In Crew 2, colliding head first with another car or clipping a building with a plane is no big deal. Vehicles barley take visible damage and after a quick reset the music keeps pumping and the race goes on. If it wasn’t obvious, Crew 2 doesn’t treat racing too seriously. Its arcade style gameplay doesn’t let realism get in the way of fun, making for a highly accessible racing game. However those looking for a convincing racing experience will likely find themselves tuning out of Crew 2. While the large open world and varied selection of events means there’s still fun to be had, the game’s non-committal approach to racing is not going to satisfy many.
Wisely dropping the goofy and woefully underwritten story of the first Crew, developer Ivory Tower let the racing do the talking in Crew 2. The objective of the game is to complete events across multiple disciplines on the land, air and sea to build up a follower base. These events are spread across four key disciplines: street racing, off-road, freestyle and pro-racing. As your follower count increases, so to does the amount of events available for you to take on. If you complete enough events you can challenge a rival to be named champion of the discipline.
It’s a simple enough progression system that makes Crew 2 easy to dive in and out of. This works in its favour as the game’s lighter approach to racing is clearly aimed towards a more casual audience. Most of the races are fun and easy to get a handle on, while still offering a fair amount of challenge particularly in the latter stages as tight winding tracks and elemental obstacles create some by the skin of your teeth victories.
However, the highly touted ‘Fast Fav’ feature that allows you to instantly change between vehicles is a game-changing ability reduced to an afterthought in Crew 2. Its use is limited to only a few events and in these instances the game auto-switches vehicles for you at predetermined points. The only time when you have control over the ability is in free roam but there’s no real reason to use it outside of races making it a mostly negligible feature. Besides, the ease in which switching from a plane to a vehicle can result in your car getting stuck in a building or part of the landscape only furthers the reasons not to use it. As interesting as the ‘Fast Fav’ ability sounds on the box, its implementation leaves much to be desired.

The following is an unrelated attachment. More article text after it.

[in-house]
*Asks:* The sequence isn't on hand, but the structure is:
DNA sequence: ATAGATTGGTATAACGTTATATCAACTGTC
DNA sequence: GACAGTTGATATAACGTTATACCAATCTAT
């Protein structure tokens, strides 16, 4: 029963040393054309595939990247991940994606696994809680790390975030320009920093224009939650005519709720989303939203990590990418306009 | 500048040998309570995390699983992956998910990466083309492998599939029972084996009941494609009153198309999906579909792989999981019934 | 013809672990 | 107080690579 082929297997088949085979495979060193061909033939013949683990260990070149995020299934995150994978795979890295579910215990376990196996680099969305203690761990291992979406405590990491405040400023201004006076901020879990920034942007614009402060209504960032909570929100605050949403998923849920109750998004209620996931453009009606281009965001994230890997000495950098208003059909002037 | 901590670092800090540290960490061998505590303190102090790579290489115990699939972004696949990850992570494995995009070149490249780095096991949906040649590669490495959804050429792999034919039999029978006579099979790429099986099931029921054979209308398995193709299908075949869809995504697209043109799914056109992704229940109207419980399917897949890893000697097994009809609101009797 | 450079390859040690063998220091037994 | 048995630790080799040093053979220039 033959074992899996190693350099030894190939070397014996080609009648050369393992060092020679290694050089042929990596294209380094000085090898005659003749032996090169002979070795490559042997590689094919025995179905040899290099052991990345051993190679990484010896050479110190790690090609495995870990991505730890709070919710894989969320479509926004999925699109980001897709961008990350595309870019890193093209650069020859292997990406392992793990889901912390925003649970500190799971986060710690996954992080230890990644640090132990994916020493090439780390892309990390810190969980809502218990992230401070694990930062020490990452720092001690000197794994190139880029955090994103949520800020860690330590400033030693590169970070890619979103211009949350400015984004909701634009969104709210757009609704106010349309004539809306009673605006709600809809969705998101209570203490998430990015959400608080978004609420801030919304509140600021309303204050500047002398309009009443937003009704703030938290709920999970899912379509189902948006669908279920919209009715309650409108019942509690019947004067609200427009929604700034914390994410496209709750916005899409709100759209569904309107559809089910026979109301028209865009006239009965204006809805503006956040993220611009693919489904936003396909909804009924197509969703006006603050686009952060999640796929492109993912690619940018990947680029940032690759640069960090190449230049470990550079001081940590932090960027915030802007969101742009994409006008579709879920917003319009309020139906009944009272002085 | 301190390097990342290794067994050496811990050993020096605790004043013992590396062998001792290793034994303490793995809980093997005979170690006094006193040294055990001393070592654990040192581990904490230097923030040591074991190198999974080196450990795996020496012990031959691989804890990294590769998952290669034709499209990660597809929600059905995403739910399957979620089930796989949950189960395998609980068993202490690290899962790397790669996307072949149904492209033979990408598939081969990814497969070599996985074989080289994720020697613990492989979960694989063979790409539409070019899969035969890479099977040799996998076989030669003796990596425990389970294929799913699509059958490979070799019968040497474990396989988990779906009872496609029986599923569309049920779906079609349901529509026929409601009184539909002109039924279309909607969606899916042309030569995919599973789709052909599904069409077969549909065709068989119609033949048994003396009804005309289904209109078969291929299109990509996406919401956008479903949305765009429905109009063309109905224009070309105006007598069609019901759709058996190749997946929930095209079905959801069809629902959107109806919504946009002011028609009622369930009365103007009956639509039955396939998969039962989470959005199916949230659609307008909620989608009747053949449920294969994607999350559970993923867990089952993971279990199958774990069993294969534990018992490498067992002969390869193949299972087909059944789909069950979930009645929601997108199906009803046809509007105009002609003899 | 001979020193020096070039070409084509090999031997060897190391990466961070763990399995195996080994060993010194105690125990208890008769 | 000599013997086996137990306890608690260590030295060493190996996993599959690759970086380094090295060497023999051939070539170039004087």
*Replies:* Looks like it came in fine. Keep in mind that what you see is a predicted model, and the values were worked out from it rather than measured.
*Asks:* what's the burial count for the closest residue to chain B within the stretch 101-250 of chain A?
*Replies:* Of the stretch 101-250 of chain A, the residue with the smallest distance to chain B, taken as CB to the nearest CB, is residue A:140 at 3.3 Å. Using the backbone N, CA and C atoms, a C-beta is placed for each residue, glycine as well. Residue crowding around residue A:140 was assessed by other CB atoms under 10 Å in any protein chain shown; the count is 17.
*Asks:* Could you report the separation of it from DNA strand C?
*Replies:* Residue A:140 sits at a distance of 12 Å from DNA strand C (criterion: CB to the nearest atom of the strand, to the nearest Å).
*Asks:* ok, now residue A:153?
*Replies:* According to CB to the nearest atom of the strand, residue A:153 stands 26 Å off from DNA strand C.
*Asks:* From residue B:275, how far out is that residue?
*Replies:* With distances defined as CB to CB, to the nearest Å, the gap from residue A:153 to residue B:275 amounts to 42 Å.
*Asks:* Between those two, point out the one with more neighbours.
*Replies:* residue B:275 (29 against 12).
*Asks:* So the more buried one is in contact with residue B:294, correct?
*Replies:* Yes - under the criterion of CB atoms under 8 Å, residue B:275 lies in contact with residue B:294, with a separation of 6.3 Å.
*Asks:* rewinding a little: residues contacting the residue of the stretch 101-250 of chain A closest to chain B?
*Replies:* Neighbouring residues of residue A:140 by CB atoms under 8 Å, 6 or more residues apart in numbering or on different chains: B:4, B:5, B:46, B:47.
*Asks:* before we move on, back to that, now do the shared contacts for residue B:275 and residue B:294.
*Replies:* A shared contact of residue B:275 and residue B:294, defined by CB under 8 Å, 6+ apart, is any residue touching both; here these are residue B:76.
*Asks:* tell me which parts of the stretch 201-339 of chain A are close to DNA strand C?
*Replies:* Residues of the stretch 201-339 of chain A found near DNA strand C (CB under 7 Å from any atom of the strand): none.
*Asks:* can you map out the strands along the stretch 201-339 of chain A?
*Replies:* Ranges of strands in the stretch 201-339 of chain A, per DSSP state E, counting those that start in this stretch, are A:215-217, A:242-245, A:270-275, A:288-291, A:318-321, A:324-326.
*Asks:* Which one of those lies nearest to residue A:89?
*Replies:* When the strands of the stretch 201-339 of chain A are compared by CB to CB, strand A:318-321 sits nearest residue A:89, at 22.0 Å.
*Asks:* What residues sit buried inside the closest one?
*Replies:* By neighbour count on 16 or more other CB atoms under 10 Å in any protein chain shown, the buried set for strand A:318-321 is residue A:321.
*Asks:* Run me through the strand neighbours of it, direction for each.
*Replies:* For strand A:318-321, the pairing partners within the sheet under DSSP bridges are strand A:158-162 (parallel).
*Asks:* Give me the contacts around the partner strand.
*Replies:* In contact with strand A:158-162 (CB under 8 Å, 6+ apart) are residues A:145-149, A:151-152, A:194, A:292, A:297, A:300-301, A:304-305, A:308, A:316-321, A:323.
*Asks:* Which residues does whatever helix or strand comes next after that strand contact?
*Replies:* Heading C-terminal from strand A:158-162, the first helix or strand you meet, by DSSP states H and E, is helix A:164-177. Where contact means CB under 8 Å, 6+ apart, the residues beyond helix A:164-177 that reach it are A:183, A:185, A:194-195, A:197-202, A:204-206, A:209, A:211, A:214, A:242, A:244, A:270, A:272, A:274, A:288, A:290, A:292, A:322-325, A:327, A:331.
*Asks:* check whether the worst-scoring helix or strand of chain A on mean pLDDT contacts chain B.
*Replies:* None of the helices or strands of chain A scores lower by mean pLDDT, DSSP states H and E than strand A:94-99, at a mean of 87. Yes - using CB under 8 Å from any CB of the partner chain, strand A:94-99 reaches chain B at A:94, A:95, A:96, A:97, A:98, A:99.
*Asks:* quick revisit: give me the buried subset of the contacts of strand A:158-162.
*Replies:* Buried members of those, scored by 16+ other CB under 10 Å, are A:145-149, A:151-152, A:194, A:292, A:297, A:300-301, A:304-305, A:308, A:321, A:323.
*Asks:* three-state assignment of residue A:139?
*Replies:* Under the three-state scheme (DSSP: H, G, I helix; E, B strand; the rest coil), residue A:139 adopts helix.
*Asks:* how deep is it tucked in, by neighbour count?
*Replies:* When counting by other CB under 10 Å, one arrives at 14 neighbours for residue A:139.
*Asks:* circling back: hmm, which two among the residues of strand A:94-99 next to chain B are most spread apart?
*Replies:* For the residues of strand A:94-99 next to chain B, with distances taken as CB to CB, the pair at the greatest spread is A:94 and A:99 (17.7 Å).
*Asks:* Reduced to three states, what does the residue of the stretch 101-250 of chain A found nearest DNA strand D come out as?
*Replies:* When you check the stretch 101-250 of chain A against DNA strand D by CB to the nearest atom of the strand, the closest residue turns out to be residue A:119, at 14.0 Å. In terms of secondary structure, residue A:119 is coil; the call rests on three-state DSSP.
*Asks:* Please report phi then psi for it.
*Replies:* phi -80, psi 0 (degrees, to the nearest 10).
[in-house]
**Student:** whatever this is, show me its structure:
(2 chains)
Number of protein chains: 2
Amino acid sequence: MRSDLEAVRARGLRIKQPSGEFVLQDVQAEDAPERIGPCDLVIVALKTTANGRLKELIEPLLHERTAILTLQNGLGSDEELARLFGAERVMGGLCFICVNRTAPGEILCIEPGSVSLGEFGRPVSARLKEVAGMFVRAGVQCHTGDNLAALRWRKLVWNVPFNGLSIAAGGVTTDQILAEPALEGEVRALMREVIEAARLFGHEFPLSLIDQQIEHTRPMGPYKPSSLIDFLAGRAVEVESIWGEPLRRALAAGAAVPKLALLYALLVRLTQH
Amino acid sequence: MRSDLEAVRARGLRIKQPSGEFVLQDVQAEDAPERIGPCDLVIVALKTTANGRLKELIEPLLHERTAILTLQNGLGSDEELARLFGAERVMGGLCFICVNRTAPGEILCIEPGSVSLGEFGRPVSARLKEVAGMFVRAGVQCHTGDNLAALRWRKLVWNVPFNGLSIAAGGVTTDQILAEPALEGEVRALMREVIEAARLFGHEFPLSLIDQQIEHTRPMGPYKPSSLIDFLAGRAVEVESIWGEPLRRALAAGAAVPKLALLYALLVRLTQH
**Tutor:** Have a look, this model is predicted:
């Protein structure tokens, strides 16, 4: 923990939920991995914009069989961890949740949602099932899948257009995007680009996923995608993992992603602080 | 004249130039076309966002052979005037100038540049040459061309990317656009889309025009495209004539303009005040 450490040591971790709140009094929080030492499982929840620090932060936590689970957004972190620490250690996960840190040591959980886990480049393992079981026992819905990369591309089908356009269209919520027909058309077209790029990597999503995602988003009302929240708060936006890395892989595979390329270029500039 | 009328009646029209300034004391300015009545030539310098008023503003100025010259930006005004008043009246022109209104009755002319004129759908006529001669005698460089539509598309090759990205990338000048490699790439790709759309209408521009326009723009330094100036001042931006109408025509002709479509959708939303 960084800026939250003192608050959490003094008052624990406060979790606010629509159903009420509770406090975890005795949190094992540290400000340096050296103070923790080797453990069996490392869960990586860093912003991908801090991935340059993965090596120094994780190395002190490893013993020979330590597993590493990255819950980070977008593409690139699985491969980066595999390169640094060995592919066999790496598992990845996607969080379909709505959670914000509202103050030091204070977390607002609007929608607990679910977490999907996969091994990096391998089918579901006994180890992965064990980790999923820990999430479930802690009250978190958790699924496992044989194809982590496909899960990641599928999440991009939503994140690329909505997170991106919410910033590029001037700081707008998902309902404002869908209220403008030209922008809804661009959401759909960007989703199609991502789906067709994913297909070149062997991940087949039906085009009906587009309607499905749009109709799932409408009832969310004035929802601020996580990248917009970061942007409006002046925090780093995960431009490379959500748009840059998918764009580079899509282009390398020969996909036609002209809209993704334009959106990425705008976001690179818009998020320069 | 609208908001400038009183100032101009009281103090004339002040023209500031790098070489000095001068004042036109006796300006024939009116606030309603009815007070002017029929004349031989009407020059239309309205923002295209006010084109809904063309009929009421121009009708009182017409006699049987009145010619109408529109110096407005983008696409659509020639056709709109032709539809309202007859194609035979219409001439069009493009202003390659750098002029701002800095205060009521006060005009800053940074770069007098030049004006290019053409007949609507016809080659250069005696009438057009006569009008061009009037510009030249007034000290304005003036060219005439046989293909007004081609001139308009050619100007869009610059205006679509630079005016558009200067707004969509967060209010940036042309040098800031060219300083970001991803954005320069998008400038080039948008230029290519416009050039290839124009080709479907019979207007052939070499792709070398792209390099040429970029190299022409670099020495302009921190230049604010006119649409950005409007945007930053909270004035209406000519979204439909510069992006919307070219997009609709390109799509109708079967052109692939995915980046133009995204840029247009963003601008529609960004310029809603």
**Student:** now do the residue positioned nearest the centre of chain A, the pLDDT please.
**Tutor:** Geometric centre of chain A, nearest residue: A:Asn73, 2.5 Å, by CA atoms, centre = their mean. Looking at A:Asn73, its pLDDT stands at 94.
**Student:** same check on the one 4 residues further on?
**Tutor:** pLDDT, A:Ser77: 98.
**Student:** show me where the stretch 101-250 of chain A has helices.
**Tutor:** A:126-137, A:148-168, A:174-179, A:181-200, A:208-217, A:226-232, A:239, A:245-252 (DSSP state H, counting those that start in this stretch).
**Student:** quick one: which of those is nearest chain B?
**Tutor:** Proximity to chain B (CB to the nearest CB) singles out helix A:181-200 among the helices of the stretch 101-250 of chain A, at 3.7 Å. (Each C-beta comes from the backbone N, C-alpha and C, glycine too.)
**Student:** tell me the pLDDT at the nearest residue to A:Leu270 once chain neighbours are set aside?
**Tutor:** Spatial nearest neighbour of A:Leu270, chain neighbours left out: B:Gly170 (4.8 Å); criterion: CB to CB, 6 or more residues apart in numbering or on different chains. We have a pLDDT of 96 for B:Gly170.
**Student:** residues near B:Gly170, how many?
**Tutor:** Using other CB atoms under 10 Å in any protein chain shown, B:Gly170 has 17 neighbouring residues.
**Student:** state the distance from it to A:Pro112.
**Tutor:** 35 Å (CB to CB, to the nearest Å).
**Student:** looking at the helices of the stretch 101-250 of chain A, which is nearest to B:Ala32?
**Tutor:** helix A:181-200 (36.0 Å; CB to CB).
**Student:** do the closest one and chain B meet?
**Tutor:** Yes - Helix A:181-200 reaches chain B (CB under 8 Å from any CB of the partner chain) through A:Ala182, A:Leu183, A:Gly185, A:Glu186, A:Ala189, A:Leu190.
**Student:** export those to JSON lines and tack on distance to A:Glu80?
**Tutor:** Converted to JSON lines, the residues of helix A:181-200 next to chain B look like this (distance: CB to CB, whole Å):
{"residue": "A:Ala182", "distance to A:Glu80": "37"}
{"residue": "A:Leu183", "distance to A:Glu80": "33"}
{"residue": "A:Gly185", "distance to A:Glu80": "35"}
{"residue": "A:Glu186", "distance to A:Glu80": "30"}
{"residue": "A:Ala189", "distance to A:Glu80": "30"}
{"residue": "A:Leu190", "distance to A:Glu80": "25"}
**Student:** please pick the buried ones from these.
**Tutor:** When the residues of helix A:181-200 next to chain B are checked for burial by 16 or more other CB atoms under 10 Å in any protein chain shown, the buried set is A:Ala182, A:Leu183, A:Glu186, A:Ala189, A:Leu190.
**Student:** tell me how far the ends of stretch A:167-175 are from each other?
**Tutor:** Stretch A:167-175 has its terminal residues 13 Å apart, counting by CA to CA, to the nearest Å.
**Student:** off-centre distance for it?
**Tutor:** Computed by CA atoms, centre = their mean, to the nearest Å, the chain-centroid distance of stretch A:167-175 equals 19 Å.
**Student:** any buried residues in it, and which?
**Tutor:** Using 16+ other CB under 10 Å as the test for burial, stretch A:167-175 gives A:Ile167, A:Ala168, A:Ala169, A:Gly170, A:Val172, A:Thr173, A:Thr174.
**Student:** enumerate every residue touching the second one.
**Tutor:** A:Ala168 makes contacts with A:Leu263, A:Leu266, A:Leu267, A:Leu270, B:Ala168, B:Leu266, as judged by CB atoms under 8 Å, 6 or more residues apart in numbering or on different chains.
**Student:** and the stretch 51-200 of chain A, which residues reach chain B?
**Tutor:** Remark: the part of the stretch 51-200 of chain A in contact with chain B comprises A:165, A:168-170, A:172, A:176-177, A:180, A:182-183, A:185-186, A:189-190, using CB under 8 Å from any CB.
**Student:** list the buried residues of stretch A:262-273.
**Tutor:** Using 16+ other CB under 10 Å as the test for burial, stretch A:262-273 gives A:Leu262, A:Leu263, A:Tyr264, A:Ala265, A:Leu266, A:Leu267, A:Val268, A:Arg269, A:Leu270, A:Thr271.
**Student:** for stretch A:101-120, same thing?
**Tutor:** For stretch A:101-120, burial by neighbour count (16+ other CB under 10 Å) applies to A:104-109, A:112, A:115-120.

Furthermore, players who like customising what’s under the hood will be disappointed with Crew 2’s lack of customising options. Vehicle tuning is basic to the point of frustration. When you complete events, you unlock higher-level loot that increases the performance of your vehicle. The generic nature of the loot means that replacing vehicle parts means simply comparing the ratings of different items and picking the one that has a higher number. There’s no skill involved in tuning your vehicle and having to scroll through the menu screen to equip higher rated equipment after every event just feels like time wasting.
In terms of the game’s scope, the box art boasts the ability to race all across America’s major cities and landmarks, however what it doesn’t mention is that there’s little incentive to explore the map. Events can be selected from the menu screen, and you can automatically fast travel to the location of any race. While this proves timesaving, it also means that Crew 2’s giant map can remain largely untouched.
The size of the map also proves a strain on the game’s graphics. Urban environments look bland and building textures are rough at best. Yes you’ll recognise major landmarks such as the White House and Times Square but you’re more likely to pass them by with indifference rather than excitement. While racing, the backgrounds tend to meld into a blur of colour but slow down for a moment and their lack of detail becomes evident. The natural landscapes fare better with some rather pretty environmental effects but its quantity over quality in Crew 2’s giant, empty open-world.
Crew 2 also continues a strange trend of games requiring an always-online connection to play but offering very little justification as to why. You can buddy up with players and create crews to break records but the lack of PvP races at launch means Crew 2 is largely the same as a single player experience. There’s lots of content to take on, with normal and hard difficulty settings for each race, but you’re more likely to pass by another player and head off in your own direction rather than team up. Ivory Tower have already announced some long term plans to add PvP and some further features later on in the year, practically spelling out that Crew 2 is best picked up at a discount sometime down the line.